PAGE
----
The Outsider Releases 2021

by Jack Chapman

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The Outsiders 2021

We enjoyed a slightly belated tasting of the wines which variously seem to have become known as ‘The September Series’ ‘La Place Late Releases’ or to us ‘The Outsiders’. Something which more or less began with a few Californian producers looking for global reach for their wine, it now represents wine from Italy, Oregon, Argentina, Australia, The Rhone and Bordeaux itself. 

These producers have signed up to have their wine distributed by La Place de Bordeaux, in the same way as Bordeaux En Primeur wine to allow them access to all the markets that Bordeaux is distributed to – a large reach. We like to view them with objectivity. Some of these are fascinating and fantastic, wine which bats well above its level but still exists in relative obscure, some is more profiteering – using this wide audience to publicise high prices and big brands.

We are here to hopefully guide you to the right decisions. Having tasted some 60 odd wines today, we got a fairly clear view of what had excelled and perhaps what had not. Below is the highlight reel.

It’s worth mentioning that, sadly, there was no Opus One on display. We’re sure it’s very good but didn’t have the chance to confirm this.

Solaia 2018 – this managed to combine a rather remarkable structure with a fairly open-knit palate. I’m not saying you’d want to open a bottle right now, but it was getting on for this. Very nuanced and fresh, but also some savoury character. It’s slightly ridiculous to compare it to Masseto as they’re so different, but they were on the table next to one another, and this just had infinitely more to it at this stage.

Beaucastel’s ‘Hommage á Jacques Perrin 2019’ – like drinking brambles, which sounds awful, but the palate here was as if you’d taken a British hedgerow and distilled it into a wine. Blackberries, sloes, a touch of green pepperiness, a bramble spice. Still fresh and perfumed, but such a warming palate, without any excesses.

Cheval des Andes 2018 – it’s really interesting to hear how Cheval des Andes, which has always been good, is now committing to more terroir focused, lower oak wine. Whilst they’ve been toeing this line for a few vintages now, it felt like 2018 was the first time they’d really nailed it. It still had the signature concentration, but this was less extracted, lifted along by a zippy acidity. A very impressive change of pace.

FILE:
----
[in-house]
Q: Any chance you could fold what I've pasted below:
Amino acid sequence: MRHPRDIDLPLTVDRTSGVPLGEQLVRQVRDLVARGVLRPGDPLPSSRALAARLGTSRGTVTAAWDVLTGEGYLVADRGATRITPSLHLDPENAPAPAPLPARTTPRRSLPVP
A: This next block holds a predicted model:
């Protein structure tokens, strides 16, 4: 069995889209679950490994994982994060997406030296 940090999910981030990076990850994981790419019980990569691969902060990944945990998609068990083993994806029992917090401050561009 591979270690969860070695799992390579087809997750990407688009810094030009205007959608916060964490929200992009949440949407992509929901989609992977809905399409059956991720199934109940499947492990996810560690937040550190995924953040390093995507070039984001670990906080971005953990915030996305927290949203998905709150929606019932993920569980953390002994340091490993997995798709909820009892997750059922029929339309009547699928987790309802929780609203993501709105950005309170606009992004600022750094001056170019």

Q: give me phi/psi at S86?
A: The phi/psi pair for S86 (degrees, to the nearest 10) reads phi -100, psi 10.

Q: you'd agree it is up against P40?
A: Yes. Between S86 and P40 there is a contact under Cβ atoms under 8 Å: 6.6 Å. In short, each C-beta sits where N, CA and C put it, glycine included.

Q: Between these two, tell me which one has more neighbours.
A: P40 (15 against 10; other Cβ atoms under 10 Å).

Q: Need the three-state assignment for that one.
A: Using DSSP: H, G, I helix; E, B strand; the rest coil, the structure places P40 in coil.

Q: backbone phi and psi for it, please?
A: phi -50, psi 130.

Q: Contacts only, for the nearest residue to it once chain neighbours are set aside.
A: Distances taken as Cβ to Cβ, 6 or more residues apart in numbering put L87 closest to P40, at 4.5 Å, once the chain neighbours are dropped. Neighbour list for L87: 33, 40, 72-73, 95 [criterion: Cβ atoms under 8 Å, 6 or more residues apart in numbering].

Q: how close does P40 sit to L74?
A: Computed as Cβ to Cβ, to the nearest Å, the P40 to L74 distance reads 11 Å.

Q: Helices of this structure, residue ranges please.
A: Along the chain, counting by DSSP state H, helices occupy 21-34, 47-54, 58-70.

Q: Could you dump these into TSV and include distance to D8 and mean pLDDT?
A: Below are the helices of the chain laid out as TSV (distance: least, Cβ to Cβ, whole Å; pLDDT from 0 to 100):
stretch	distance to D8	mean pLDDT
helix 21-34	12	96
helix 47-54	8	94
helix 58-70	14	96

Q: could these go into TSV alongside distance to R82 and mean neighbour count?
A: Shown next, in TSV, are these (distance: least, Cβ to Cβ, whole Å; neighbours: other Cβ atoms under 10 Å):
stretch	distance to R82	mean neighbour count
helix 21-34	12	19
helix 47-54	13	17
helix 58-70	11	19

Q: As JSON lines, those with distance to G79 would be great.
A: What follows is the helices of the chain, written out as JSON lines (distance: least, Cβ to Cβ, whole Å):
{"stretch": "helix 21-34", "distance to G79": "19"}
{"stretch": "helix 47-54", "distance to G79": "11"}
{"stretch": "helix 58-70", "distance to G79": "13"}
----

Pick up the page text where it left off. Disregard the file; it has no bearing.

Cantena Zapata Adrianna Vineyard Mundus Bacillus Terrae 2018 – good luck pronouncing this after a few glasses. Whilst the Cabernet blend was as good as ever, this stood out. Really pretty, perfumed, floral fruit which leapt out the glass and was concentrated on the palate was accompanied by a lemon juice acidity. Something a bit different which deserves more attention.

Sena 2019 – I’m going to stick my neck out and say this was better than the 2018. You may have noticed a running theme with this vintage in south America, this had a cooler streak. The fruit was just slightly more lifted and inviting. This is reflected in a modest 13.5% alcohol, words like elegant, subtle, harmonious… They all come to mind. Very impressive stuff.

Quintessa 2018 – Quintessa, for me, can sometimes be a bit overblown and ripe. Something I said as I tipped the bottle and smelling this, I thought it’d be the same as usual. Big notes of ultra-concentrated dark fruit… But the palate. It was as if the whole wine were being swept along in a light breeze. Those fruits on the nose were cool, enticing shadows of their aromatic selves. Supposedly the estate hasn’t seen a vintage this ‘gracious’ in the last 15 years and I’m not surprised. This was really good.

Maya 2018 – Saying that I’ve left the best to last is bold, but I’m going to let you infer from context that it’s what I intended. It’s always a slightly nerve-wracking experience tasting a 100-point scoring wine. It feels like it should answer every question you’ve ever had about how pleasurable wine can be – a sort of euphoric, transcendent experience. This is never the case, you’re still searching for potential, and lord did Maya have it, in spades. You’d probably like to hear that it had a hundred nuanced layers of fruit which erupted from the glass (it’d certainly help justify the price tag!) but what was really there was totally pitch-perfect Cabernet. It’s buttoned up right now, but when this does decide to undress, it’ll be a show you’ll want a ticket to.

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